A hybrid combination of three dot journalism and the Gonzo style of reporting gives a columnist a great deal of latitude for making editorial and photo decisions.

For example in the San Francisco area, a new bridge is being built to replace one that is 75 years old.  Readers in Los Angles, New York City, and Fremantle could care less about a new bridge between Treasure Island and Oakland.  When the bridge encounters delays because of faulty bolts and the entire project is put in jeopardy, the news value of an item about that bit of local news gains some additional news value.  If the integrity of the entire project comes into question because of some greedy short cuts, then a mention of a topic that has not been used in the mainstream media becomes more pragmatic.

When the future of the project is called into question, a renegade pundit can muse about the curiosity factor of the possibility that the bigger a crime is, the less likely it is that some poltroon (we learned that word while reading some H. L. Mencken) will serve time in prison.  Perhaps we could do an entire column about the possibility that there is some kind of inverse proportion linking the amount of money involved in the commission of a crime and the length of a prison sentence.  Didn’t Jean Valjean learn that lesson first hand many moons ago?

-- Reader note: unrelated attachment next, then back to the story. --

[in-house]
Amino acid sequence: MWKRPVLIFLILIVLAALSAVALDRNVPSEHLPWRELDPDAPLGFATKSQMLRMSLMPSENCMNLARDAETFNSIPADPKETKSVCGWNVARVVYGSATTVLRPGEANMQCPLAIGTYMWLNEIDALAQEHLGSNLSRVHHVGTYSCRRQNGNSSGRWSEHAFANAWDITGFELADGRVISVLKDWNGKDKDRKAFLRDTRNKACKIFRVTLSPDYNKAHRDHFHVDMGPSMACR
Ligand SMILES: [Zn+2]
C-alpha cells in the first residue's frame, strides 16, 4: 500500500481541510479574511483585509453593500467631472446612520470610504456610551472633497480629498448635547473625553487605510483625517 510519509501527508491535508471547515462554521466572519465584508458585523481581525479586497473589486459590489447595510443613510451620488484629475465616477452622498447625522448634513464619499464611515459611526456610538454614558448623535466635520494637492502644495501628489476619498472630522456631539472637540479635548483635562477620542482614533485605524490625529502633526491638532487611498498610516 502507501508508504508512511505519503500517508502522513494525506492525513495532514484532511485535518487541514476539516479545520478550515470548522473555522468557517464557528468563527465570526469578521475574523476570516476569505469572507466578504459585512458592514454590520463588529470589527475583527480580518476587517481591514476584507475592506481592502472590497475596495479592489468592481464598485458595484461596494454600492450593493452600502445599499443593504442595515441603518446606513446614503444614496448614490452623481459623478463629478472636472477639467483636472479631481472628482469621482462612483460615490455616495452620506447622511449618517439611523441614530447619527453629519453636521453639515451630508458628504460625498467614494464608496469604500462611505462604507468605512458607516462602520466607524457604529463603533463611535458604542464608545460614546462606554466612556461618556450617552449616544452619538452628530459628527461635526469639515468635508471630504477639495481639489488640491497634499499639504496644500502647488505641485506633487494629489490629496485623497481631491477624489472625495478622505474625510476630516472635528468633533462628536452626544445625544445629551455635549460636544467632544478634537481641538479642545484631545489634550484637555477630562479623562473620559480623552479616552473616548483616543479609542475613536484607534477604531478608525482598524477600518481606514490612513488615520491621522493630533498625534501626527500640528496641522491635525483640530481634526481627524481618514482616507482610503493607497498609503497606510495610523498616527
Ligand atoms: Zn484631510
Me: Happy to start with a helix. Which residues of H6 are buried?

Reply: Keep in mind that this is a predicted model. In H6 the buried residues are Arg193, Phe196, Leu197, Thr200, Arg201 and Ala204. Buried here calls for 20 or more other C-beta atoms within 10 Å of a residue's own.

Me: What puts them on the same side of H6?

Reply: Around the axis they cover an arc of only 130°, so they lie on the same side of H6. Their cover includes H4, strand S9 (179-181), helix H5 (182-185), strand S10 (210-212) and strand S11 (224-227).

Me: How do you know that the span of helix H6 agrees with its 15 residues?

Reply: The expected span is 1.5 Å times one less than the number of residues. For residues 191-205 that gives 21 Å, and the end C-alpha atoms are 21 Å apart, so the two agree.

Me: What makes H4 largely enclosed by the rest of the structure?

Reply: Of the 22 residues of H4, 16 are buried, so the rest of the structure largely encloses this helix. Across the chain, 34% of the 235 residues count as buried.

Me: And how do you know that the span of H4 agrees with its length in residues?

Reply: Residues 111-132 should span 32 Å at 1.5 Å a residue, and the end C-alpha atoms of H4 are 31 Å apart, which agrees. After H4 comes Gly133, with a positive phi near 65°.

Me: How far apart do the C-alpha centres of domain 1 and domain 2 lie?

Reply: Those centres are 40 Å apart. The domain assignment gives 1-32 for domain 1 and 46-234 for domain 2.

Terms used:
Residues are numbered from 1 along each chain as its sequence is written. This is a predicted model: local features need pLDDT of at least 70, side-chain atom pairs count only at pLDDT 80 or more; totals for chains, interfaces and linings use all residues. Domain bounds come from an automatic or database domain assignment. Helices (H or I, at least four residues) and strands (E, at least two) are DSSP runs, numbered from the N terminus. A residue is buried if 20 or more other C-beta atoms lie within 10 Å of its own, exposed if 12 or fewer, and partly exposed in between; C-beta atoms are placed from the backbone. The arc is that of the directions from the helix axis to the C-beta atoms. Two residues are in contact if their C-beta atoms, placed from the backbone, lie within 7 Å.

One other advantage to inventing a writing style that combines three dot journalism with the Gonzo school of first hand observations is that it makes it much more difficult for trolls to disrupt the flow with a bumper sticker slogan.  Isn’t it more compassionate to toss them an occasional malapropism and watch them go into an ecstatic trance when they have the opportunity to point out the “mistake”?

What’s not to love about an esoteric and arcane tidbit of information that will cause a WTF meltdown reaction?  Could the Bay Bridge Bolts be compared to the Warren Commission’s exhibit no. 399?


Commentators from both the Republican and Democratic Parties seem to be in agreement about the fact that the United States Supreme Court decision on gay marriages could go either way (15 yard penalty for inappropriate cliché?) but a rogue columnist can have the opinion that a decision that could be compared to a walk off grand slam homerun for conservatives is a gimme call for cynics.


Journalists partial to either the Democratic or the Republican Parties seem to be in agreement about the reliability factor for the unhackable electronic voting machines.  Hunter S. Thompson (the godfather of Gonzo) might, if he were still alive and ranting, advise his fans to embrace a more cynical assessment.

General Douglas MacArthur said:  “It is fatal to enter any war without the will to win it.”

The disk jockey will augment the music with a playing of Edward R. Murrow’s “Orchestrated Hell” broadcast.  The tunes for playing us out (“We’ll do it live!”) will be the Andrew sisters’ “Boogie Woogie Bugle Boy,” Edith Piaf’s “Mon Legionnaire,”  and Marlene Deitrich’s “Lilly Marlene.”  We have to go prepare for celebrating National Tap Dancing Day and National Towel Day (in honor of writer Douglas Adams) simultaneously on Saturday.  Have a “ya mean people get paid to do this?” type week.